Climate change can also affect livestock adaptation depending on the adversity of the effects. When subjected to factors such as heat stress animals often initiate adaptive and compensatory mechanism, which are critical in maintaining their body temperatures within the psychological limits. These mechanisms facilitate the re-establishment of hemostasis and homeothermy which may be critical for their survival, but they also result in reduced productivity potential (Gaughan, 2015). Heat stress facilitates the development of relative changes in different physiological responses, which include rectal temperature, pulse rate, and respiration rate. Among animals living in relatively hot climates, it is possible to assert that their adaptive mechanism has made it possible to develop genes that have been effective in protecting their cells from increased environmental temperatures. It is during stressful events necessitated by climate change that genetically superior animals can be identified for coping with stress. Such process can be effective in facilitating the creation of therapeutic drugs and treatments targeting affected genes to improve the survival rates of genetically inferior animals (Collier et al., 2012).
Rainfall and temperature variations can be categorized as the major climatic variables that affect disease outbreaks in livestock. Warner and wetter weather conditions provide an environment that increases the risk and occurrence of livestock diseases considering that some of the species that act as disease vectors such as ticks and biting flies have the likelihood of surviving year round. The movement of livestock diseases into new areas such as Rift Valley fever in Europe indicates the possibility of certain parasitic diseases is becoming more prevalent and spreading out of their geographical range when rainfall increases (Sejian, 2013). The outbreak of livestock diseases such as foot and mouth diseases can affect a large number of livestock hence contributing to further degradation of the environment and the health of the surrounding community of livestock.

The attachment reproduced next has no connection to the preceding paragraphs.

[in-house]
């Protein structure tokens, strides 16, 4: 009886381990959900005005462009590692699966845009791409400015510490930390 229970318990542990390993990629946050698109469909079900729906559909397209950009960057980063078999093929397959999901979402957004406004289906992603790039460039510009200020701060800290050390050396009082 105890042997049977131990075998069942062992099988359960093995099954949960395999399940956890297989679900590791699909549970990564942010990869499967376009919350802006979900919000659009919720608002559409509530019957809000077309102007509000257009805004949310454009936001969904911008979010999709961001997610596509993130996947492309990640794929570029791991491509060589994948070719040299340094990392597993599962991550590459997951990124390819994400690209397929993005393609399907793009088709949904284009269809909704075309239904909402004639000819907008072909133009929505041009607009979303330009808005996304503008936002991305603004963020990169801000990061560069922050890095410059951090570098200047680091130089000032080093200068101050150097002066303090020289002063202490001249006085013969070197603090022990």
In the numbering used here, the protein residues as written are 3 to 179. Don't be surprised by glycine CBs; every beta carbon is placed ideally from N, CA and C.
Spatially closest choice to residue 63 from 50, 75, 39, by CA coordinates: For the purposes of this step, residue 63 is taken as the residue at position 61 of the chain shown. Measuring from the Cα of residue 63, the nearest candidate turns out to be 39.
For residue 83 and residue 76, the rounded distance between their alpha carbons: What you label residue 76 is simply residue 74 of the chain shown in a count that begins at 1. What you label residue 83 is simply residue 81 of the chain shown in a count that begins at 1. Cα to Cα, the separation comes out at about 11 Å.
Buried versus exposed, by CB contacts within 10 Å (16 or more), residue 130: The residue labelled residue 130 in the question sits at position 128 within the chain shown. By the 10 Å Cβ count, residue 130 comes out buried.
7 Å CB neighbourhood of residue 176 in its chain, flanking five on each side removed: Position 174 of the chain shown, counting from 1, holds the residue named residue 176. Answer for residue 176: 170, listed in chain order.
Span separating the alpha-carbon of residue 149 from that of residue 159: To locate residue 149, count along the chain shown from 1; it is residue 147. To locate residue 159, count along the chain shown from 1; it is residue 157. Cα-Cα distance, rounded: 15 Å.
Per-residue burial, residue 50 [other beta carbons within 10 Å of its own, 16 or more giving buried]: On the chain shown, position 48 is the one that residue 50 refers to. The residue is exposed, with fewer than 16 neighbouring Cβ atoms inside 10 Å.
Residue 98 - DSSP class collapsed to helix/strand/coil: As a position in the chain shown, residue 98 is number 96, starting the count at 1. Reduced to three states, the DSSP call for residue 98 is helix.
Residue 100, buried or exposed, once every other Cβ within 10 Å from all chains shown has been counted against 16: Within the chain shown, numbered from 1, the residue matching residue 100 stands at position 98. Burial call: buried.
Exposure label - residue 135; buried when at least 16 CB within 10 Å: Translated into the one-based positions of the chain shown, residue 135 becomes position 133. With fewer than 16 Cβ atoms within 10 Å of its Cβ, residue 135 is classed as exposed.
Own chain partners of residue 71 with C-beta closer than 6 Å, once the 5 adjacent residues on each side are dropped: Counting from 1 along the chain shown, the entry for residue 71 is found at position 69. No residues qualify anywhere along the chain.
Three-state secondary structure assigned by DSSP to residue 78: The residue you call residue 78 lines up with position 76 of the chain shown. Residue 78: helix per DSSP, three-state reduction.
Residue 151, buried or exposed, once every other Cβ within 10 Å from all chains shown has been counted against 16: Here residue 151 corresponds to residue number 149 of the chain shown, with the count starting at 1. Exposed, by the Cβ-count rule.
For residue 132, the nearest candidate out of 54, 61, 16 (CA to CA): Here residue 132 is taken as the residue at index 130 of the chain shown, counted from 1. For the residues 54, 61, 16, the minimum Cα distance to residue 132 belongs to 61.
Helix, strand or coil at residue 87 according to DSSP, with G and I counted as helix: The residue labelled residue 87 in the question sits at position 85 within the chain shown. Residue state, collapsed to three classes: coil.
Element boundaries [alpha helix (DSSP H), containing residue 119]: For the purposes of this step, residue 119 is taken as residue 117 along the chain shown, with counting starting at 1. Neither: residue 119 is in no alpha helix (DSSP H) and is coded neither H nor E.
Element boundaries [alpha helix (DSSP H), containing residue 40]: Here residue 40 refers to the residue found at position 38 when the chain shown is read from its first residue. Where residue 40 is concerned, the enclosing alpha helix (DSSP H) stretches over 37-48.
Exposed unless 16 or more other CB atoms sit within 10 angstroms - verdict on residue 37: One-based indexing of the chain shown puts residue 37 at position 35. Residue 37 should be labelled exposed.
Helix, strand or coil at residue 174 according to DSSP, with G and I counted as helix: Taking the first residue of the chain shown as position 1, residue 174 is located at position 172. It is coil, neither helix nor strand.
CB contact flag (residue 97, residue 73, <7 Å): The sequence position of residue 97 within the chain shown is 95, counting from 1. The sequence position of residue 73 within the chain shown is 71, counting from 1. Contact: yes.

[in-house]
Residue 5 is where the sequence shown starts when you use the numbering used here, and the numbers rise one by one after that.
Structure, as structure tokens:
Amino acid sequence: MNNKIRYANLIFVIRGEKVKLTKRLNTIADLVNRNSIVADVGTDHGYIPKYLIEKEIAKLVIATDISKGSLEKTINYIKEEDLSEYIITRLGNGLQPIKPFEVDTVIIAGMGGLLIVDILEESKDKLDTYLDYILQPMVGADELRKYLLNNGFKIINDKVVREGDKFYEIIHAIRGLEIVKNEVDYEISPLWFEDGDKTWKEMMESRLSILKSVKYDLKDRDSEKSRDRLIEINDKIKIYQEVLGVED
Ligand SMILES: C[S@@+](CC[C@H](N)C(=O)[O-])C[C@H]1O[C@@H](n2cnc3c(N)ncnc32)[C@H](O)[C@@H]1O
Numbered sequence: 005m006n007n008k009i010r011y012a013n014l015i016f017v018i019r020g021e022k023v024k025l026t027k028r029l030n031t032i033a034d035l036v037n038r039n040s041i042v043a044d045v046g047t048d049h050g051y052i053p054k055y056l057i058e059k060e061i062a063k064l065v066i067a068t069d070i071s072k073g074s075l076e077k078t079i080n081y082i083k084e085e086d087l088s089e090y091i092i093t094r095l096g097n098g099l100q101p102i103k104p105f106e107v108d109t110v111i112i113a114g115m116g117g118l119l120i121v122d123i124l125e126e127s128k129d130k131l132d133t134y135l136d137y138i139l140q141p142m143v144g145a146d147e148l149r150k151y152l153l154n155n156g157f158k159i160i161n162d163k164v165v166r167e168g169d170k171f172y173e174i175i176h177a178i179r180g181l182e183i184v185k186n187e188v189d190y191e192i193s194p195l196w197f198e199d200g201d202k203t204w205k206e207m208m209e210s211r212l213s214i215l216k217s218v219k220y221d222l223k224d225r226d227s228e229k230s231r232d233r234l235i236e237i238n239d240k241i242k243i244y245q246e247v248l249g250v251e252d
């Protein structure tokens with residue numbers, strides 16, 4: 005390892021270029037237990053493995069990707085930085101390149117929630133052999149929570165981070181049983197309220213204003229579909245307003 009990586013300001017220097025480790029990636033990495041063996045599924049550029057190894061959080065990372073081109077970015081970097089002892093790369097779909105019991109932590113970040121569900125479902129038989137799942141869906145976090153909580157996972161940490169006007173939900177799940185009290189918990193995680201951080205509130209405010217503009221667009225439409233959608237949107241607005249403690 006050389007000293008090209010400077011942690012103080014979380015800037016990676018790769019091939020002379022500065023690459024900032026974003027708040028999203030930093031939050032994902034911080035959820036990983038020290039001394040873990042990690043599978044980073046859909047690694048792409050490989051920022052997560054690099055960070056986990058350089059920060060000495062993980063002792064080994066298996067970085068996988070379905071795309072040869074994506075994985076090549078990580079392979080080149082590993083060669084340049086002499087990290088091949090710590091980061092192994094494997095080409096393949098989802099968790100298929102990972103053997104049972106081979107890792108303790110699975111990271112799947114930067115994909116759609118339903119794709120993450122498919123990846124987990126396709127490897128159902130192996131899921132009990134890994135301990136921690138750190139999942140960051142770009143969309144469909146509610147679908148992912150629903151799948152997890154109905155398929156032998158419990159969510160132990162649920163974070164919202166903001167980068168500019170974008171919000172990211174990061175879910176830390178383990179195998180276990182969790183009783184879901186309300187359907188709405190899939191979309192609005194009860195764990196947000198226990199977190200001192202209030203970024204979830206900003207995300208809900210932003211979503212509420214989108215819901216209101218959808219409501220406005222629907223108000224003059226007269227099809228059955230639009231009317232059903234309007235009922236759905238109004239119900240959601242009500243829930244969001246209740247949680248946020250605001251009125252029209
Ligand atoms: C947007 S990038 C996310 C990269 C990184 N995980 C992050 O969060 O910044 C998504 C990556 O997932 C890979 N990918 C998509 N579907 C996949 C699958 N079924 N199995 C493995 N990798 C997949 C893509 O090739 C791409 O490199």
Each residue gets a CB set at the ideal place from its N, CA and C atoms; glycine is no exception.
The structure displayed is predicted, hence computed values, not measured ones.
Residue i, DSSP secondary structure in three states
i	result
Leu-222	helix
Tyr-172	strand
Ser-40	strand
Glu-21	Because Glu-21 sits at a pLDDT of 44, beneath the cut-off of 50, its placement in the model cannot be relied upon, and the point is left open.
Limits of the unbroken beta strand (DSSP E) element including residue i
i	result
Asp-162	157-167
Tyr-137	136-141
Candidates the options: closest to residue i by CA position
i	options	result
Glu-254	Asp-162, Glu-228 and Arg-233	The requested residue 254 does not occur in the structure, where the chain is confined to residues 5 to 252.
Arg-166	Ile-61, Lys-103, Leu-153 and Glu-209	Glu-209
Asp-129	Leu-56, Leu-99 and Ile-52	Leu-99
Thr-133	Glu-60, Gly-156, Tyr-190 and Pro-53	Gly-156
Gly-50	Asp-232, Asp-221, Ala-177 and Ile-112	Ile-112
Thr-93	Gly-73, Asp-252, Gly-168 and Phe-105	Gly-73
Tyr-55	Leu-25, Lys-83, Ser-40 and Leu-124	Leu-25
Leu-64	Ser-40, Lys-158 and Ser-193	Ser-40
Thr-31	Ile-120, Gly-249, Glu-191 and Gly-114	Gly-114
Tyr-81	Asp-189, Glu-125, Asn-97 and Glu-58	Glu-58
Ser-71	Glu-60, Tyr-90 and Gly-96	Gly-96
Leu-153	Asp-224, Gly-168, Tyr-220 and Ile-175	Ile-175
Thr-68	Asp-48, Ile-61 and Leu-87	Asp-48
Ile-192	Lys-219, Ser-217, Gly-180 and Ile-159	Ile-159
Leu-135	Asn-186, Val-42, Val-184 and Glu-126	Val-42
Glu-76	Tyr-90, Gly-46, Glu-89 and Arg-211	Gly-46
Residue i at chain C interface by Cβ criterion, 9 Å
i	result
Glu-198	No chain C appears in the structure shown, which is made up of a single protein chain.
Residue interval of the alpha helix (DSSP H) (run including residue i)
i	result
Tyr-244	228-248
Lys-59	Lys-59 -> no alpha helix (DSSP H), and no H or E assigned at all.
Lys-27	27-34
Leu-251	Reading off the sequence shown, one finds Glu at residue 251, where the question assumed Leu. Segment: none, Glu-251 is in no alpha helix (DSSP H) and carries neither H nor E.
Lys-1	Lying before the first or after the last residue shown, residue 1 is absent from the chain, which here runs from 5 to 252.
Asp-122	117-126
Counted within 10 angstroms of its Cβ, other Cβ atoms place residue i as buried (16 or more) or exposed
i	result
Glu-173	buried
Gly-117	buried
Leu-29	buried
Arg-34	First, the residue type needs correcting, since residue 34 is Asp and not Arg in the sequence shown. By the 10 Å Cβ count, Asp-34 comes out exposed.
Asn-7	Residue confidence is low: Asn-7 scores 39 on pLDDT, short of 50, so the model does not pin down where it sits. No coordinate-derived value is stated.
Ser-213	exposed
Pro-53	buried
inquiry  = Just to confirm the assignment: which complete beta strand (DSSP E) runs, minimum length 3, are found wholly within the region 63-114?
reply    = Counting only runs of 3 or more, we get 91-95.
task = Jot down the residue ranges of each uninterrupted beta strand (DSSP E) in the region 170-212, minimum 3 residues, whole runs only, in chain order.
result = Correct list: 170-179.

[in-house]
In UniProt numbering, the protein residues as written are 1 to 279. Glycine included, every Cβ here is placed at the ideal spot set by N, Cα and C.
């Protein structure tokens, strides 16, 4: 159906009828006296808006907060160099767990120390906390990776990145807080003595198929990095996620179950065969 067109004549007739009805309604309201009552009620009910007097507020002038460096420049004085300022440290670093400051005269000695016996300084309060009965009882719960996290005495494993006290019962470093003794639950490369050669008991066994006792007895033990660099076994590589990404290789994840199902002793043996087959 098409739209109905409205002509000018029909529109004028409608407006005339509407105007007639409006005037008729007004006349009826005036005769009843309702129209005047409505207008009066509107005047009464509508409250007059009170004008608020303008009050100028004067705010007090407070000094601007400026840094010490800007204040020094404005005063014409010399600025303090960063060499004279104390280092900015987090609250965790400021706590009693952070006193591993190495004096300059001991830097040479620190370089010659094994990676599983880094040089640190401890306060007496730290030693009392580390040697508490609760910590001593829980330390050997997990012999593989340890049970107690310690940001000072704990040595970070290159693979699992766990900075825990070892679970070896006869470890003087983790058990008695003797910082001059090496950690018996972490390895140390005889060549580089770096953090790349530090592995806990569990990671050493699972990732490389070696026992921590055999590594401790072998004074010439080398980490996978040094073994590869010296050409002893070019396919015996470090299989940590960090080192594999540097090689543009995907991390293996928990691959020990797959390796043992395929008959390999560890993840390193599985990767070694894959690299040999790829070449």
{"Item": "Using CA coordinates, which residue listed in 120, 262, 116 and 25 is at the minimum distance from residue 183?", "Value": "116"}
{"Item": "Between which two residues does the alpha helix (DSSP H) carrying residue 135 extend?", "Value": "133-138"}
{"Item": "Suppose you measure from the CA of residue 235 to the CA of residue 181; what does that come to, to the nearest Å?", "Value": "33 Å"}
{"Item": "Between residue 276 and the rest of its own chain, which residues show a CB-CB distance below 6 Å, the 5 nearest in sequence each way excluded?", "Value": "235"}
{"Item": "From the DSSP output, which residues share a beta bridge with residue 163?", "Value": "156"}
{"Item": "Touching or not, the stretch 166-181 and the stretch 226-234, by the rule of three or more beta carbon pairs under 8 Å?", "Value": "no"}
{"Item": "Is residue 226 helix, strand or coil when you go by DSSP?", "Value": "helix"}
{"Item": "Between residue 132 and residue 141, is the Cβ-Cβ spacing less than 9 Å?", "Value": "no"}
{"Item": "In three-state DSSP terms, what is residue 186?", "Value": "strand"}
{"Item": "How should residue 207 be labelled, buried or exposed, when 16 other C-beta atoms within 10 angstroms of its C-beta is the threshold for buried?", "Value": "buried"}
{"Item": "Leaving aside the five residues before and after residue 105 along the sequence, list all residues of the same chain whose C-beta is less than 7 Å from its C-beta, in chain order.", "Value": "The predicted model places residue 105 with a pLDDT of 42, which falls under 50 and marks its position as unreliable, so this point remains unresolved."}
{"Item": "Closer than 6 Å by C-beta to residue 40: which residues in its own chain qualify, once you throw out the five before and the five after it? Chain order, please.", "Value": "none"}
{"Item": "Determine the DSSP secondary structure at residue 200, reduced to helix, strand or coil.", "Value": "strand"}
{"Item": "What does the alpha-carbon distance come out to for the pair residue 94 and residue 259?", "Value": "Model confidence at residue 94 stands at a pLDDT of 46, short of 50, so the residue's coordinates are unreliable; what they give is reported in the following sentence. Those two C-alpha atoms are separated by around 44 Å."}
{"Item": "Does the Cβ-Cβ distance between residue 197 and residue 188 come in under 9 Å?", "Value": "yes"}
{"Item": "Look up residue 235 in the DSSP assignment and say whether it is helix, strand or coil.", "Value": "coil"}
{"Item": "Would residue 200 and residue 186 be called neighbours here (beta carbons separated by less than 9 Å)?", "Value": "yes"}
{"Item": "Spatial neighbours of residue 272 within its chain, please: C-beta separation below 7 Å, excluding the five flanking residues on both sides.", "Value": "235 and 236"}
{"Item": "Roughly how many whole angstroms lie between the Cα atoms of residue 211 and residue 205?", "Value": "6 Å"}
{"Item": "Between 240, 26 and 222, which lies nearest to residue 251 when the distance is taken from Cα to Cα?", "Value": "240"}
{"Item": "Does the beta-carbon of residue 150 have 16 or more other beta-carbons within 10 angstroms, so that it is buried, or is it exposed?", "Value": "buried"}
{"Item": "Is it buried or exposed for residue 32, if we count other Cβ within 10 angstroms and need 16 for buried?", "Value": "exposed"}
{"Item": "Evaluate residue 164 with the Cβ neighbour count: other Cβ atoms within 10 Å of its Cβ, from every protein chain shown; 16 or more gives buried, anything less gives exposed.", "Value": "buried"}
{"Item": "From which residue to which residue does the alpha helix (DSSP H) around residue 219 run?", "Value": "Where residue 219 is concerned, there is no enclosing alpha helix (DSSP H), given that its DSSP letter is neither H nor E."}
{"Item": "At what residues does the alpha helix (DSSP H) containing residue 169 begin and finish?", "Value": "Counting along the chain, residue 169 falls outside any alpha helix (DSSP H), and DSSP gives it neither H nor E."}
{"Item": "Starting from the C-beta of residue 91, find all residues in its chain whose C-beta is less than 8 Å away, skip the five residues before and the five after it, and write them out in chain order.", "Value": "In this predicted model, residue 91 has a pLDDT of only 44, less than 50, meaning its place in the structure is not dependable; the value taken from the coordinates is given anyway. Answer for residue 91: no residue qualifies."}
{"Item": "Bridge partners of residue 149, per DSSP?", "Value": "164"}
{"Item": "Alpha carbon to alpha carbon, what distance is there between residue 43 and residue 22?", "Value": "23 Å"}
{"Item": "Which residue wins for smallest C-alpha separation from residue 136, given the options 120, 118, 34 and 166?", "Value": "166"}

Evidence from existing studies indicates that when livestock are subjected to climate change factors such as heat stress, there are most likely to experience a substantial reduction in their performance. Such reduction affects their productivity hence inflicting major economic losses on livestock farmers. Technological development has provided innovative measures that can be used in the identification of the genetic factors that contribute to the increased possibility of survival for animals when they are faced with adverse climatic conditions. However, these developments are still ineffective because the effects of climate change are relatively gradual and the adversity of their effects increase every decade. Despite this assertion, systematic information from impact assessment of the effect of climate change on livestock production can be valuable in facilitating the development of appropriate mitigation and adaptation strategies for sustainable livestock production as the climatic scenarios changes. Livestock is an important source of livelihoods, and this implies that it will be necessary to develop sustainable solutions for maintaining the industry by gaining profitability and decreasing environmental pollutants.